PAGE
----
4. Scale issues may exist as packages collect on a single remote system. In our case the Tentacles are mostly inexpensive and unique physical systems with limited storage.

  5. Perhaps more interesting woudl be a edge server that is a… deplyoment agent… where deployments to related tentacles is offloaded from the primary Octopus server to the edge.

What we expected is that release steps (especially the package deployment step) would tolerate slow transfers and recover from any short connection disruptions. This package is only 200MB, but we have update packages in the works that will be closer to 500 MB.

There is one point I accidentally left off my original post is that we also have trouble with Tentacles after this time out error. At that point they show as offline. Even manual health checks failed until we restarted their Octopus service. I presume that’s related, but do not have more information other than it happened regularly.


Thanks for the additional info.

In regard to your original question, I don’t believe changing that Halibut Timeout would have an adverse effects. We are looking into what we might be able to do to give some more granular control for this type of scenario in the future.

@Shannon_Lewis A little interesting tidbit, the Halibut.PollingRequestMaximumMessageProcessingTimeout setting only affects the first attempt to download the package. The subsequent retries timeout after 2 minutes (even using the default setting).

here is a cleaned up log:

A request was sent to a polling endpoint, the polling endpoint collected it but did not respond in the allowed time (00:10:00), so the request timed out.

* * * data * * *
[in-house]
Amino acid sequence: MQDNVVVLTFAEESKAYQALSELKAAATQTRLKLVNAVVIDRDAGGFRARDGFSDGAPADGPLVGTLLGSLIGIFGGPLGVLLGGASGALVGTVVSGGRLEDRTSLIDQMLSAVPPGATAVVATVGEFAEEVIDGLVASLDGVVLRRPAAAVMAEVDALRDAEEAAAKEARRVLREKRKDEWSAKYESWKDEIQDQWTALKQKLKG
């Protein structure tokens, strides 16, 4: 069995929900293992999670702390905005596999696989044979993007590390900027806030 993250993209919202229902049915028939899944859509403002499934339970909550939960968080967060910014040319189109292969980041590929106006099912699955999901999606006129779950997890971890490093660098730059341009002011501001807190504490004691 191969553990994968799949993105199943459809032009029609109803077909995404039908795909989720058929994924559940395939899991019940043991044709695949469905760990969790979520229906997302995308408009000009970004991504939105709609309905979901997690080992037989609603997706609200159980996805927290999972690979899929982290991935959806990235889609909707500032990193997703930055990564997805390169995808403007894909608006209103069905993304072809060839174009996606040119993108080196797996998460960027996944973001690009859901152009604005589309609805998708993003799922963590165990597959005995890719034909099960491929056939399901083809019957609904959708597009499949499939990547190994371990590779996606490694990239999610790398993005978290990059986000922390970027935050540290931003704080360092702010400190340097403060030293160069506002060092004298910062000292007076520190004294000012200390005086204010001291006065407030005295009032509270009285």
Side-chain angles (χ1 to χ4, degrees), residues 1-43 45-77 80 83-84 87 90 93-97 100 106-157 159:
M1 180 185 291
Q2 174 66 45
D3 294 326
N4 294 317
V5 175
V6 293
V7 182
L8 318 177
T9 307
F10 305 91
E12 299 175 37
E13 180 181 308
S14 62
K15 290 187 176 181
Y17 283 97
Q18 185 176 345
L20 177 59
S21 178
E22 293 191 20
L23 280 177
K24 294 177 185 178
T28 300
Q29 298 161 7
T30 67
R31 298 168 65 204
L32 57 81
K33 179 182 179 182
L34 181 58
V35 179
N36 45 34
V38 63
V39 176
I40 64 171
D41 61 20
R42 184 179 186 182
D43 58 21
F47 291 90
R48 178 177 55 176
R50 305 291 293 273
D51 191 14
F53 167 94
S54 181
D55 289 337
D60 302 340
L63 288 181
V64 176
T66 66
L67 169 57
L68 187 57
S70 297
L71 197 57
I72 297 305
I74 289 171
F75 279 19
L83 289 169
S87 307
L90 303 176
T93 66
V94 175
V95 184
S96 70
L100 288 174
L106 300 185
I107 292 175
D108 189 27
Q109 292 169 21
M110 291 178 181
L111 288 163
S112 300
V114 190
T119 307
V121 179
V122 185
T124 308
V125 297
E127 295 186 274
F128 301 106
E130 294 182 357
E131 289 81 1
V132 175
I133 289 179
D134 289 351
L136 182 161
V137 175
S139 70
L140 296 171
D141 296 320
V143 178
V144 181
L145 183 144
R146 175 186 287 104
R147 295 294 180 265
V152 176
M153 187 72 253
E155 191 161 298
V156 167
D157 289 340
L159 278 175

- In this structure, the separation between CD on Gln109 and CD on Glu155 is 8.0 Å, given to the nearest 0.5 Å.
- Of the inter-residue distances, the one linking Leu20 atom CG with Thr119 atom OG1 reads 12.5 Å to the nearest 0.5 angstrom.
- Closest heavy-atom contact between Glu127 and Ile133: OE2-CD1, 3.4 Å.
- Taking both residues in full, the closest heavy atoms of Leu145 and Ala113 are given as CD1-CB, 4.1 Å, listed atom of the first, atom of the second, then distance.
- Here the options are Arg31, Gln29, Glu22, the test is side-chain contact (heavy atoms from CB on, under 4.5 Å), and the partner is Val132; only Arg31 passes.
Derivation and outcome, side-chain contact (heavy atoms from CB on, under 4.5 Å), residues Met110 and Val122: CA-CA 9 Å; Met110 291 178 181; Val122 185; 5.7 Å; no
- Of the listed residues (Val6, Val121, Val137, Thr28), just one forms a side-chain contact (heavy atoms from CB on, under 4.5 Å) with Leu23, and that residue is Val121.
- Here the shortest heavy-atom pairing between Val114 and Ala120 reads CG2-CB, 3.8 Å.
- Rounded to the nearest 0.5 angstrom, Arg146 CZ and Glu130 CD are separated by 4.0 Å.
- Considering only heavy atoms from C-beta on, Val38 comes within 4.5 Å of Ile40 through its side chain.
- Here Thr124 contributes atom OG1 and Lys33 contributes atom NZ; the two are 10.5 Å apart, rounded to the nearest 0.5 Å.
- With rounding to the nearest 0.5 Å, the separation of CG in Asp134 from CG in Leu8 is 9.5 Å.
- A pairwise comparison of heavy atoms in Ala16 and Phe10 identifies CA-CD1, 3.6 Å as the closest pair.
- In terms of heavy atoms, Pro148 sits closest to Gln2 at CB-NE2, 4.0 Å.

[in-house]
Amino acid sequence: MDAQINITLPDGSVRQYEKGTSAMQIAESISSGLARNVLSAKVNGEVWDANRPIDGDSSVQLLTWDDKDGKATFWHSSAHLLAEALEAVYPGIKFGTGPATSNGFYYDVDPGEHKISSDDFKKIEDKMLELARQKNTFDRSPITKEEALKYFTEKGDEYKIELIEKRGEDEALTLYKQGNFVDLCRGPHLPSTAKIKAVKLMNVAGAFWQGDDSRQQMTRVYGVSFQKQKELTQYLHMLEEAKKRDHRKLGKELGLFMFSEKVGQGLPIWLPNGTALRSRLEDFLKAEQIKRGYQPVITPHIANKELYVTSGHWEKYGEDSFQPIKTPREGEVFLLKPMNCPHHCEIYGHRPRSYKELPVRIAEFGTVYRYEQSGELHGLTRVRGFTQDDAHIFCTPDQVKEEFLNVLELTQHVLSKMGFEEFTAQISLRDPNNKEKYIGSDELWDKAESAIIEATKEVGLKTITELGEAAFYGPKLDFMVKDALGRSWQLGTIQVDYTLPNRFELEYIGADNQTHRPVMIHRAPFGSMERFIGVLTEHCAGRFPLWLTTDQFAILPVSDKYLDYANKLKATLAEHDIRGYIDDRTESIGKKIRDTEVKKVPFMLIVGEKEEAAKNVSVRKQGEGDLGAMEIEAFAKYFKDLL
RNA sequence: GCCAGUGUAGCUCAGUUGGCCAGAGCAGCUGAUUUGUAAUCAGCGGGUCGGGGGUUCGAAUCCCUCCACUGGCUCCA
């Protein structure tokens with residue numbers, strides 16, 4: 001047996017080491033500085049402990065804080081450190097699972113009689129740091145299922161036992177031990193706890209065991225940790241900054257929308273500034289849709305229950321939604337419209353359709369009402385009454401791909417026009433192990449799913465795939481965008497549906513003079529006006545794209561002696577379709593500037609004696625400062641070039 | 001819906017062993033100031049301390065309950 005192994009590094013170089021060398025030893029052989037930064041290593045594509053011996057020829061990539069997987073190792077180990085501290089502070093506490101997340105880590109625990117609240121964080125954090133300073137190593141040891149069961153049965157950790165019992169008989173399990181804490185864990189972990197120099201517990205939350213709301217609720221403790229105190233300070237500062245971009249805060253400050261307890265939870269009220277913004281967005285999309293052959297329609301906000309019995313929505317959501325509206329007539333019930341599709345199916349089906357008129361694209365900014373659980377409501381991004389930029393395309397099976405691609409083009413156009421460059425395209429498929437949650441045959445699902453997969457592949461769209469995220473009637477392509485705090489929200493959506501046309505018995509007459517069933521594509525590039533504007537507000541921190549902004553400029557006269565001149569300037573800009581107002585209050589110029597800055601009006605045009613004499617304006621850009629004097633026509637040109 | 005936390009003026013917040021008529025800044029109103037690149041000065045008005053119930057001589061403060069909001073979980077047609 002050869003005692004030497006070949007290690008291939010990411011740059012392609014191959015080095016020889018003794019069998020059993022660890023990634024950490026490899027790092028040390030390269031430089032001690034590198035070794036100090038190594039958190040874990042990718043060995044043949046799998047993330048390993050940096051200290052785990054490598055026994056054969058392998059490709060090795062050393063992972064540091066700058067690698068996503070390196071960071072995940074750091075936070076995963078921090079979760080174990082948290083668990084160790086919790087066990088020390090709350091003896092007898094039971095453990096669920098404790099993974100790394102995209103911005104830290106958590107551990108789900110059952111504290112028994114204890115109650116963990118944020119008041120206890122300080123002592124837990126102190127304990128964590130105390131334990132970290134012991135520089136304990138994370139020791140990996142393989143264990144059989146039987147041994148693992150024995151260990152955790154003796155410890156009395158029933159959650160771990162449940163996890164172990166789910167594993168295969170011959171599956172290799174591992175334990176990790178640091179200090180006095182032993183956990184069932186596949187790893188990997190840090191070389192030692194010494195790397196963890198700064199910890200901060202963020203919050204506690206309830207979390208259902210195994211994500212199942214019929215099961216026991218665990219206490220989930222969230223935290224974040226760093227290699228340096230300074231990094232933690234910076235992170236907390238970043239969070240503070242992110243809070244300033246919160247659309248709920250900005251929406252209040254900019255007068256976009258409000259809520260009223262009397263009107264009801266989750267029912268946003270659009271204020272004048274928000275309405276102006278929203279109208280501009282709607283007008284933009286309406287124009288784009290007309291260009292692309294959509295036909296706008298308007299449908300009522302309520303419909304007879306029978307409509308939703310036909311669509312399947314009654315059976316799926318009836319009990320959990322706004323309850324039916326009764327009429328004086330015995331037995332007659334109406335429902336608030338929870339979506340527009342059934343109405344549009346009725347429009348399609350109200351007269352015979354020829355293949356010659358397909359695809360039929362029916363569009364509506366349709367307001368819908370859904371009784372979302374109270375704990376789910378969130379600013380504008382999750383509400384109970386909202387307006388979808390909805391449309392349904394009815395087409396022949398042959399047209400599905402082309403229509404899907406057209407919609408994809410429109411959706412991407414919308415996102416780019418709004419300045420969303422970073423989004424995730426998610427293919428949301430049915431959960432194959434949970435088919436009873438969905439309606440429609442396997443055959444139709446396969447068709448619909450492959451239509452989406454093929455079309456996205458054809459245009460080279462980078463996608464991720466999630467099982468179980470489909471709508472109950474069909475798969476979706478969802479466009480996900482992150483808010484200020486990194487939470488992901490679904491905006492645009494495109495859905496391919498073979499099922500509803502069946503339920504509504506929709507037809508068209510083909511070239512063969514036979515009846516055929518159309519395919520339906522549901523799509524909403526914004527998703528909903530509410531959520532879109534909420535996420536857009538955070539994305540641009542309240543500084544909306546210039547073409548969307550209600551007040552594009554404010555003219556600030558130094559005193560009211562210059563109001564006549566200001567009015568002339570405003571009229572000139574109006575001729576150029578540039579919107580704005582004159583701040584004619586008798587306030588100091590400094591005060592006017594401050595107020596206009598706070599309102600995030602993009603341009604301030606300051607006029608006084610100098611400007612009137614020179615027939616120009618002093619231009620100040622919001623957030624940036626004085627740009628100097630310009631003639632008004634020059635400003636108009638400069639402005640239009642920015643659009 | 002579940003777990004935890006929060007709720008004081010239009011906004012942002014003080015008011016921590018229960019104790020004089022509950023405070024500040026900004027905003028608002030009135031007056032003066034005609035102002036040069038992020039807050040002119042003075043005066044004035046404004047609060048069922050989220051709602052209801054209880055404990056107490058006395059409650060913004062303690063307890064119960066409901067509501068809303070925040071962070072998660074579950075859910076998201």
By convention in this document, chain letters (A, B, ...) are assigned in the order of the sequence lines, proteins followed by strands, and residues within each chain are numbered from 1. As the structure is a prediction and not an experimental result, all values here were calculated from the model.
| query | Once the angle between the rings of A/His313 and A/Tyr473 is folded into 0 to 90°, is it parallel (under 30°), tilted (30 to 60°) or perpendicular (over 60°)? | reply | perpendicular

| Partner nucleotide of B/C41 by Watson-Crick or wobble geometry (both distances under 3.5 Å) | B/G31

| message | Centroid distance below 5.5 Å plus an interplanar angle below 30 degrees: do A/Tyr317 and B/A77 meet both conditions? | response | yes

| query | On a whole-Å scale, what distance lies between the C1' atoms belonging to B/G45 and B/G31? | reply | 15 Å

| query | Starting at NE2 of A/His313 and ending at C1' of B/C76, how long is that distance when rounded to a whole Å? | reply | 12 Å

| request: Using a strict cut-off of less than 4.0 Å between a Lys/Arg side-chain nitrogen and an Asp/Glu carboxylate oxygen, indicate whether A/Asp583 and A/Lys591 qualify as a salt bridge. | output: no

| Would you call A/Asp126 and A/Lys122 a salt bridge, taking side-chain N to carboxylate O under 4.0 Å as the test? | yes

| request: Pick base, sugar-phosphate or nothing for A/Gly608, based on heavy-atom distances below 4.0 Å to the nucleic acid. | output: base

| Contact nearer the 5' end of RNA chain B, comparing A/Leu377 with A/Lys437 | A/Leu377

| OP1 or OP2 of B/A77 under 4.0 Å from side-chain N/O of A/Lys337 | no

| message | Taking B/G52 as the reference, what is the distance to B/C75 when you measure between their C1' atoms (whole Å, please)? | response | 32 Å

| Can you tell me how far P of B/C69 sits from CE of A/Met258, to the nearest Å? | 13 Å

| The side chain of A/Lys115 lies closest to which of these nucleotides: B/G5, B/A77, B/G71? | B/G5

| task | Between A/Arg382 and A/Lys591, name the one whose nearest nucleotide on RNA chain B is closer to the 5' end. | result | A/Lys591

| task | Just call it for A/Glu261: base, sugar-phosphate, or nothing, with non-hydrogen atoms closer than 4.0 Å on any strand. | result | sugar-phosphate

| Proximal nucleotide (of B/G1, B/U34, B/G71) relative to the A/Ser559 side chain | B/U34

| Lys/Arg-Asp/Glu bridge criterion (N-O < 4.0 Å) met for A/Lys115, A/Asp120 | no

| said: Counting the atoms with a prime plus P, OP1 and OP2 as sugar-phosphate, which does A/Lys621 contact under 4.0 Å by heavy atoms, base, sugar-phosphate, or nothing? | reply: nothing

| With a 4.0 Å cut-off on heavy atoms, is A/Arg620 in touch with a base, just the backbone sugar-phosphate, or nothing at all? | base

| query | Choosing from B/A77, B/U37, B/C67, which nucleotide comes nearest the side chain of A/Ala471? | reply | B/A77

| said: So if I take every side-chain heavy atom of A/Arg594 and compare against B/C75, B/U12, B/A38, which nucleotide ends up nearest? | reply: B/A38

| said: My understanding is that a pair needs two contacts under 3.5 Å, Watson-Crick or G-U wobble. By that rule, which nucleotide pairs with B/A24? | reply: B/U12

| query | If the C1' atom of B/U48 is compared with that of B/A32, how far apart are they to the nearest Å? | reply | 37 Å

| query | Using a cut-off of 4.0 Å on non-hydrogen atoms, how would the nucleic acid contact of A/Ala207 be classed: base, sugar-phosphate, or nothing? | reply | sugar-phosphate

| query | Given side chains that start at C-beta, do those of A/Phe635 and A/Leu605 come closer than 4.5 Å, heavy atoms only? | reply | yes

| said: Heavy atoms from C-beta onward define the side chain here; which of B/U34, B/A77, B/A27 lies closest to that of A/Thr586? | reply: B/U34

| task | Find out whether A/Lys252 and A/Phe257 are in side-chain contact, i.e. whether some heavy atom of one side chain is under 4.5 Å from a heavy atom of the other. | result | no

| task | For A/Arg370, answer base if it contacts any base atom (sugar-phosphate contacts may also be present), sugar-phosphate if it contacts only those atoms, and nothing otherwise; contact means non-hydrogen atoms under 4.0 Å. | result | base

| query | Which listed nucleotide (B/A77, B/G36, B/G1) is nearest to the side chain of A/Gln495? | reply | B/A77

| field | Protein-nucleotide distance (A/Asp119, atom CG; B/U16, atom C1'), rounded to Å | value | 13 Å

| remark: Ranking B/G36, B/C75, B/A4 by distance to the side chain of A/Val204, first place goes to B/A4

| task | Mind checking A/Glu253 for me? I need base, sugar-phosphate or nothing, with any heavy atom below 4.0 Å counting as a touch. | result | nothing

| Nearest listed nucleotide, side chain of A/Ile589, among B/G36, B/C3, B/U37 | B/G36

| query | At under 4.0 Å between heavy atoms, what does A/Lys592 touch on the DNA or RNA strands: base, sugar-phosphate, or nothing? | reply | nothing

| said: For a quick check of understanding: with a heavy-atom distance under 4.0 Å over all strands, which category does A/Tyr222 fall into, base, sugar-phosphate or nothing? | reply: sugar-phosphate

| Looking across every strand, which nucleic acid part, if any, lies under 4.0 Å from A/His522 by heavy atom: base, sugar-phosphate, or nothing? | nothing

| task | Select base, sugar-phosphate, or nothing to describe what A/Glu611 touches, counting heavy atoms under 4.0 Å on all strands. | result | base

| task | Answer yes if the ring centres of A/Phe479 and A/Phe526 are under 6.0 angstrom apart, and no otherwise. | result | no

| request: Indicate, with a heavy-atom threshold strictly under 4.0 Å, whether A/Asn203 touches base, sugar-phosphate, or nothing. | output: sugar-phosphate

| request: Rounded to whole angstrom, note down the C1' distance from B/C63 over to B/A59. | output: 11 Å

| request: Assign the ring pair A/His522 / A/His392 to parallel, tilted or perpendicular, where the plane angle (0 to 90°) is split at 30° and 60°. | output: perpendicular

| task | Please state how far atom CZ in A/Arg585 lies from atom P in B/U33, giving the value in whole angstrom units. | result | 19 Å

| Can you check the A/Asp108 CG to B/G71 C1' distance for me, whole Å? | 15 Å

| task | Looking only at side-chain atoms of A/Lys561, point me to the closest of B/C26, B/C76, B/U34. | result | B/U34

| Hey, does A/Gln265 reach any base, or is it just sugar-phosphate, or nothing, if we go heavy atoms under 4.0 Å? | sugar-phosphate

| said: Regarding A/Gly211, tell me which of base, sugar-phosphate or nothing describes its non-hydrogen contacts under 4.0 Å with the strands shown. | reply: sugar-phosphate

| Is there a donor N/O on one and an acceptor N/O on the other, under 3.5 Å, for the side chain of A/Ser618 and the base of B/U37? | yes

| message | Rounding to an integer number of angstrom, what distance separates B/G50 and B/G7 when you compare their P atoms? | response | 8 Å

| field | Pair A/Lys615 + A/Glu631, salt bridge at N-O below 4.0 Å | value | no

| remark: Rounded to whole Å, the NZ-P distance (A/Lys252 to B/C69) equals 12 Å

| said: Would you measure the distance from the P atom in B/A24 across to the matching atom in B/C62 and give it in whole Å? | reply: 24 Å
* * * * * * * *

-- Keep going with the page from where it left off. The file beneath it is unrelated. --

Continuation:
File upload failed. Retry attempt 1 of 5…
Beginning streaming transfer of file.nupkg
A request was sent to a polling endpoint, but the polling endpoint did not collect the request within the allowed time (00:02:00), so the request timed out.
File upload failed. Retry attempt 2 of 5…
Beginning streaming transfer of file.nupkg

The error that gets reported out of the task is the last one, which makes it look like there is still a 2 minute timeout.

Thanks for investigating that and reaching out again, tgillitzer.

It sounds like you’ve isolated a real issue, so I want to let you know we’re working on reproducing it, and will give you an update soon on our findings, along with options for fixes or workarounds.

Let me know if you have any more ideas or questions.


Hi tgillitzer,

I’d like to update you on our findings after reviewing this.

We’ve run some tests with polling tentacles on a slow network with Octopus Server 3.3.6 that you mentioned running, and have found that the message you are seeing with the allowed time is actually controlled by the Halibut.PollingRequestQueueTimeout setting.

On our systems, timeouts controlled using that setting do continue to apply during retries, and I can’t find anything in the code that looks like it would be resetting to default.

A lot of refinements have been made to Server/Tentacle communication since 3.3.6, so I recommend staying up to date with the LTS release schedule, which is also where we focus our resources in providing ongoing support.

Thank you for reporting this, and helping us make Octopus better, even though we can’t always find the answer.

David Young.

This topic was automatically closed 30 days after the last reply. New replies are no longer allowed.